Our bee eye model is based on measurements reported in [1,2] and extends the model described in [3] to the full field of view of the eyes of a worker bee. The model generates 5453 ommatidia (pixels) per eye (see http://biology.anu.edu.au/jochen_zeil/crab_eye_tutorial/ for a tutorial on compound eyes). The viewing directions of all ommatidia of both compound eyes, i.e. their azimuth and elevation angles, are shown in Figure 1. As can bee seen, the resolution is highest (the inter-ommatidial angle is smallest) along the horizon (elevation angle 0°) and near ±45° azimuth. The model varies the horizontal inter-ommatidial angle between 2.4° and 4.6° and the vertical inter-ommatidial angle between 1.5° and 4.5°. The viewing angle (or field of view) of each ommatidium is adapted to the local resolution, such that it is larger for regions with lower density of ommatidia and vice versa. For further details see [4]. So far, our bee eye model does not take the colour vision of bees into account. The RGB-colours resemble the spectral sensitivity of humans. In comparison, the eyes of bees are much less sensitive to red light, but can see light in the near UV range. Furthermore, the region of the eye that is usually oriented towards the sky is also sensitive to the polarisation of light.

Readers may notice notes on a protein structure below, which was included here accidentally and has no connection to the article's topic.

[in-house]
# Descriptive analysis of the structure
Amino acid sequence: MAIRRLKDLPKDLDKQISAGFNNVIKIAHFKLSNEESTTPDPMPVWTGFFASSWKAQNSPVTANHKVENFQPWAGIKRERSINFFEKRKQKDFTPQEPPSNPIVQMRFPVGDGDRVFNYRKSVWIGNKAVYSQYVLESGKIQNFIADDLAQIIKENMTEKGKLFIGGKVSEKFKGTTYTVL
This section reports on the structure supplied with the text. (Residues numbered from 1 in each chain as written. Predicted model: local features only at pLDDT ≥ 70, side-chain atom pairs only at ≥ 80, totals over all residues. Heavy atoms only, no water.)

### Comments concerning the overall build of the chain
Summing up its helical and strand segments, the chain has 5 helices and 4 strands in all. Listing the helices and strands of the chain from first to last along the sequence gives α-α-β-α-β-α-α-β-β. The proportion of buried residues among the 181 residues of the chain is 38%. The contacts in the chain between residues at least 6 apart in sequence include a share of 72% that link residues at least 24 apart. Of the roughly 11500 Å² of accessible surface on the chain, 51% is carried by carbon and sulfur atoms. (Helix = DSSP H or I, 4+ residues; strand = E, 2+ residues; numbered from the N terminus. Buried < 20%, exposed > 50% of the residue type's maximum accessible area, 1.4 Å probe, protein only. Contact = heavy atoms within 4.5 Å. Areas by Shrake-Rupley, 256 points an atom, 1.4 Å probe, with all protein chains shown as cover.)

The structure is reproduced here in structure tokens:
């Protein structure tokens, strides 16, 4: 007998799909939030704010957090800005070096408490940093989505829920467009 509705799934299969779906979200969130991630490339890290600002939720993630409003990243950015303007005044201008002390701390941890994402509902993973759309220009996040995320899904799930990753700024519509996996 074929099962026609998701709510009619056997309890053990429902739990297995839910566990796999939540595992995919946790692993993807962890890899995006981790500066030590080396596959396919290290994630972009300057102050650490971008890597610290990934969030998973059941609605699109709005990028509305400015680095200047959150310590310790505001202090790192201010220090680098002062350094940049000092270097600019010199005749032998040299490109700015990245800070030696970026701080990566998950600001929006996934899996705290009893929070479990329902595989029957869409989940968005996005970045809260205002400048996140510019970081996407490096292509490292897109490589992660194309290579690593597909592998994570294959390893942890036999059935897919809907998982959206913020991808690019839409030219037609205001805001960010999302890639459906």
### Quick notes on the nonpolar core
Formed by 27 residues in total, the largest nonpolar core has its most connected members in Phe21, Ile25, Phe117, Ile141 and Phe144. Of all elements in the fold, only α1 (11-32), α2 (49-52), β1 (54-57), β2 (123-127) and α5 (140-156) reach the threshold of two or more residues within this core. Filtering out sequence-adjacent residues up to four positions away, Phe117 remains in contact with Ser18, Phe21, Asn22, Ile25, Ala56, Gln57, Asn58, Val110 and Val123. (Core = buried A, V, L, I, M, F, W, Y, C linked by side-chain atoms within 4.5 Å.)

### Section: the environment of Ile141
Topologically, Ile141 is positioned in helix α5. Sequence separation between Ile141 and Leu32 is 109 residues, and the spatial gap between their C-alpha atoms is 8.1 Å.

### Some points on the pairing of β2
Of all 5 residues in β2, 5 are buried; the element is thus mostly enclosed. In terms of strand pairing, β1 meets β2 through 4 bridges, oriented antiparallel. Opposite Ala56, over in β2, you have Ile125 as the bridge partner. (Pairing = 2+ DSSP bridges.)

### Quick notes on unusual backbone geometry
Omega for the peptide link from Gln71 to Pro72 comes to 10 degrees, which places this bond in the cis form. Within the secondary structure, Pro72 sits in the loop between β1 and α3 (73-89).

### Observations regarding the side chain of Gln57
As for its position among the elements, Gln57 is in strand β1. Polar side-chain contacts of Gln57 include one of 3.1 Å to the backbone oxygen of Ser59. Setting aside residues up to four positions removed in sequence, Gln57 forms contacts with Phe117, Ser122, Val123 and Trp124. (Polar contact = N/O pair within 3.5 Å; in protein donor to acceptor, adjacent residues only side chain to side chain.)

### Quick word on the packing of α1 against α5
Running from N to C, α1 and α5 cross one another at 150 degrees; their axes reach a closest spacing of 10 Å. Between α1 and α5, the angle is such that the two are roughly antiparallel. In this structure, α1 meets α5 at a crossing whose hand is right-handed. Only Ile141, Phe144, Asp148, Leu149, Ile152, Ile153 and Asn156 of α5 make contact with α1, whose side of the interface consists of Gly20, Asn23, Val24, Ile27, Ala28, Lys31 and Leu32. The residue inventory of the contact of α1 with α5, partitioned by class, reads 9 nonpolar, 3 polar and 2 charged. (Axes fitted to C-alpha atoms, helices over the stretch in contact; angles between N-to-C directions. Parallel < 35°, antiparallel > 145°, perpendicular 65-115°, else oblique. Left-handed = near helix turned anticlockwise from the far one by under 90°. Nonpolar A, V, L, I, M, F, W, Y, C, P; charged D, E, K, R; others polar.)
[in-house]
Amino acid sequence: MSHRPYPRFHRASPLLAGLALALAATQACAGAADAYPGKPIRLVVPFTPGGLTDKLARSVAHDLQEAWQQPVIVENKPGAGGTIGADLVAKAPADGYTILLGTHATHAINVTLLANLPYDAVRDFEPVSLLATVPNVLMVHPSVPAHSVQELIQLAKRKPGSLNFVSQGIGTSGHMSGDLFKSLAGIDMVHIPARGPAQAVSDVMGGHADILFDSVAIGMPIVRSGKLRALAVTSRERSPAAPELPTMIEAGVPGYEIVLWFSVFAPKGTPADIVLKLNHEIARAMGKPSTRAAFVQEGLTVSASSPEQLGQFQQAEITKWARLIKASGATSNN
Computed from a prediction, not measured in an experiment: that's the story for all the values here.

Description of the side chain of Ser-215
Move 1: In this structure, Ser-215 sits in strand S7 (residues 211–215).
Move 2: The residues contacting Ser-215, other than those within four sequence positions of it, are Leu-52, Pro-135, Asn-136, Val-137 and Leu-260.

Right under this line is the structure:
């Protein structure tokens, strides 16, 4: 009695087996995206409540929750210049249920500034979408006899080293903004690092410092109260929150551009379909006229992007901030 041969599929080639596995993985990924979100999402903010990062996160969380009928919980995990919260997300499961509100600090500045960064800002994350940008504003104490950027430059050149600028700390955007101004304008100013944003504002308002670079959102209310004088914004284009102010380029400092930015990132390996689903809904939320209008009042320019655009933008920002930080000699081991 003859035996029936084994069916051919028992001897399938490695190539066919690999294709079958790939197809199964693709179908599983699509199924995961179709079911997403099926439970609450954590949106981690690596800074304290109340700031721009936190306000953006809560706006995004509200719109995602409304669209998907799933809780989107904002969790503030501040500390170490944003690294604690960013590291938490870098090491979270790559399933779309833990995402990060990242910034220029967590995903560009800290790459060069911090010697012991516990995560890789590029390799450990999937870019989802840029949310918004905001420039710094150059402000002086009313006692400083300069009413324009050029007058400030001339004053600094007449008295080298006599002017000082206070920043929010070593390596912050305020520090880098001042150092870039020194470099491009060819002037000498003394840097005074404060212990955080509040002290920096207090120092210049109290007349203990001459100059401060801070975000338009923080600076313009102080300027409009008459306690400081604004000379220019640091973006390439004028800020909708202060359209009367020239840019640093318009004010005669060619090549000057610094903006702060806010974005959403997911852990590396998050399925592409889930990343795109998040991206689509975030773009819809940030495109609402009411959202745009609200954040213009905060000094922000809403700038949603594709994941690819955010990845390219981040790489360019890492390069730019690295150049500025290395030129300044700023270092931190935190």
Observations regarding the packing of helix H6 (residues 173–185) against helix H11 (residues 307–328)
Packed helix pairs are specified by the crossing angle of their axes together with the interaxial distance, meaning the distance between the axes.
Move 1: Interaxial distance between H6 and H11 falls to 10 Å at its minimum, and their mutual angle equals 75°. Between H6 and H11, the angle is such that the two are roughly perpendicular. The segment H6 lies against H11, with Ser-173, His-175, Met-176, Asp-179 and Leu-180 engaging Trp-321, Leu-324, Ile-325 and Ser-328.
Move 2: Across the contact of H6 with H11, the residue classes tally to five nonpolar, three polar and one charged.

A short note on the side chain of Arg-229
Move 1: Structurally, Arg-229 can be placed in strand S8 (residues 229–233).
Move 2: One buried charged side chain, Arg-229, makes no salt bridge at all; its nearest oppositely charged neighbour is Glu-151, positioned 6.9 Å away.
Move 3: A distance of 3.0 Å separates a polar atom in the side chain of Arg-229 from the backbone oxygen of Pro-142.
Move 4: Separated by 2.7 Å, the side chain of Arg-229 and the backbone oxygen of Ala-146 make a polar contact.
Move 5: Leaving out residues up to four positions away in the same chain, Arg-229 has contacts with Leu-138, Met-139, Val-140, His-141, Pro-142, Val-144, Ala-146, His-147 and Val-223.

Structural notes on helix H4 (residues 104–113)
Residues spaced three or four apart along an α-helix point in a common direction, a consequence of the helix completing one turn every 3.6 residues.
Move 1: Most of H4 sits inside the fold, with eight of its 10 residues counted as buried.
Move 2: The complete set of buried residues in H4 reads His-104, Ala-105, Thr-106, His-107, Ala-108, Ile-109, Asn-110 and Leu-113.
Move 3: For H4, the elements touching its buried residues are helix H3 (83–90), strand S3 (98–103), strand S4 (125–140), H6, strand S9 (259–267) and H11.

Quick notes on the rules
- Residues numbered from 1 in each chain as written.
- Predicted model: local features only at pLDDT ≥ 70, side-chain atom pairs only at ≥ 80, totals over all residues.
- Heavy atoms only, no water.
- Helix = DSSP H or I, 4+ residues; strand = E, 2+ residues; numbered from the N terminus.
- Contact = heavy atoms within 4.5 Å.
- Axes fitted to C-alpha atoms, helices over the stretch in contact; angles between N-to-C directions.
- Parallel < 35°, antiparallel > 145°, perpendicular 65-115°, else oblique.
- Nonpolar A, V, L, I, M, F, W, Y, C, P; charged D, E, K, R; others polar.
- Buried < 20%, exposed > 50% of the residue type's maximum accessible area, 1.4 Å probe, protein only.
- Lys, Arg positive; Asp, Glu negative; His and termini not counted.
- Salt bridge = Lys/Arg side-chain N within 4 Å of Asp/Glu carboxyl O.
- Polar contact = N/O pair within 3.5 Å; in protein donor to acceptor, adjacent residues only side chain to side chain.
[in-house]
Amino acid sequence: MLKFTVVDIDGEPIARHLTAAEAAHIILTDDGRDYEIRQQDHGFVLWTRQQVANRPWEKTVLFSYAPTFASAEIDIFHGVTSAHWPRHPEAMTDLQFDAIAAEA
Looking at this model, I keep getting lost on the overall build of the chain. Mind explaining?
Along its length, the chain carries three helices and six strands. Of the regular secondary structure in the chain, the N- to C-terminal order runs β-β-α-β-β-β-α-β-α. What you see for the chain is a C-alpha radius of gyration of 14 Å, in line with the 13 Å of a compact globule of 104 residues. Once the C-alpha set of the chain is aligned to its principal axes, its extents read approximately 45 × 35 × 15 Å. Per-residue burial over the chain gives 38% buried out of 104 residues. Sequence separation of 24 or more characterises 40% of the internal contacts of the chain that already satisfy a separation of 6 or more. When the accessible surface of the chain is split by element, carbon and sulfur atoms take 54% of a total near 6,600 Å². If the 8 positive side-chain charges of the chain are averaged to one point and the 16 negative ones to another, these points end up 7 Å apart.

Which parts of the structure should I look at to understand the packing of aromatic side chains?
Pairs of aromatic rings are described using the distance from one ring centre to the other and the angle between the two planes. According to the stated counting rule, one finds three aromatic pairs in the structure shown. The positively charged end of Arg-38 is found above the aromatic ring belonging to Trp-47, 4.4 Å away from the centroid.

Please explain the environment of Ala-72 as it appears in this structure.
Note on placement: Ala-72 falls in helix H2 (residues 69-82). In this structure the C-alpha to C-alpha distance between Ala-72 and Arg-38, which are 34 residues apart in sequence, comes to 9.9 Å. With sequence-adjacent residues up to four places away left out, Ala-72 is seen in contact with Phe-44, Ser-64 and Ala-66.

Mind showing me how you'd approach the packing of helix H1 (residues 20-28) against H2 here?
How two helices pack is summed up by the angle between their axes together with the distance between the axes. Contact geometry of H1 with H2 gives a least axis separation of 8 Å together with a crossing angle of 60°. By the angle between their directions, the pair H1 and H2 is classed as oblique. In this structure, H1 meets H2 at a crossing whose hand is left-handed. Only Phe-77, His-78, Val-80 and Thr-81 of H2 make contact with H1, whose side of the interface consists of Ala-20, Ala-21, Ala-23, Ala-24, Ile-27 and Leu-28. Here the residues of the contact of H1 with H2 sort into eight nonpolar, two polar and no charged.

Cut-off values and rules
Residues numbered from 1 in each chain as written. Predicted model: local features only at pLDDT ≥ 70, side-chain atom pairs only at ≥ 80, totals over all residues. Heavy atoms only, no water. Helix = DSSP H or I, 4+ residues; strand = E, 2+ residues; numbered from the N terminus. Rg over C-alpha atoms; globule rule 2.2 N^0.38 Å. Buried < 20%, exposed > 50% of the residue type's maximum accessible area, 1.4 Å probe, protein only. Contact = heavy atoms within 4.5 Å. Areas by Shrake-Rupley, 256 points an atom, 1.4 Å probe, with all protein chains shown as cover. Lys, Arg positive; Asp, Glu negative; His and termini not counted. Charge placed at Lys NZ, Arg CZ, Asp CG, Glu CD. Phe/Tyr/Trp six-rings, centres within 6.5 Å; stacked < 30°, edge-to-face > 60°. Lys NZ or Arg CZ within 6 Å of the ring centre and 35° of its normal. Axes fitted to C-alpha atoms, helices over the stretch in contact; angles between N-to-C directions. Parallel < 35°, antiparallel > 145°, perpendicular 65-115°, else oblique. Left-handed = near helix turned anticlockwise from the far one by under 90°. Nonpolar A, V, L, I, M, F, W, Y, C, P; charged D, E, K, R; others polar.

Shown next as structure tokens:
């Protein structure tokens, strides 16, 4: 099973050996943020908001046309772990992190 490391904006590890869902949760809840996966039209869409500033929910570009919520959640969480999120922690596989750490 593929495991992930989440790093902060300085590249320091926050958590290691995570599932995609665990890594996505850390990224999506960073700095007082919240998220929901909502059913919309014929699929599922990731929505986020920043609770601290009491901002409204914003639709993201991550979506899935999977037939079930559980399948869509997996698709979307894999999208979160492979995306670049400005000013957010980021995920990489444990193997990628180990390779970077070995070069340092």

Figure 1. Viewing directions of ommatidia as generated by the bee eye model


Figure 1. Viewing directions of ommatidia as generated by the bee eye model




[1] R. Seidl, W. Kaiser. Visual field size, binocular domain and the ommatidial array of the compound eyes in worker honey bees. J. Comp. Physiol. A 143:17–26 (1981).

[2] R. Seidl. Die Sehfelder und Ommatidien-Divergenzwinkelvon Arbeiterin, Königin und Drohn der Honigbiene (Apis mellifica). PhD Thesis Technische Hochschule Darmstadt (1982).

[3] A.D. Giger. Honeybee vision: analysis of pattern orientation. PhD Thesis Australian National University (1996).

[4] W. Stürzl, N. Boeddeker, L. Dittmar, M. Egelhaaf. Mimicking honeybee eyes with a 280° FOV catadioptric imaging system. Bioinspiration & Biomimetics 5 (2010).





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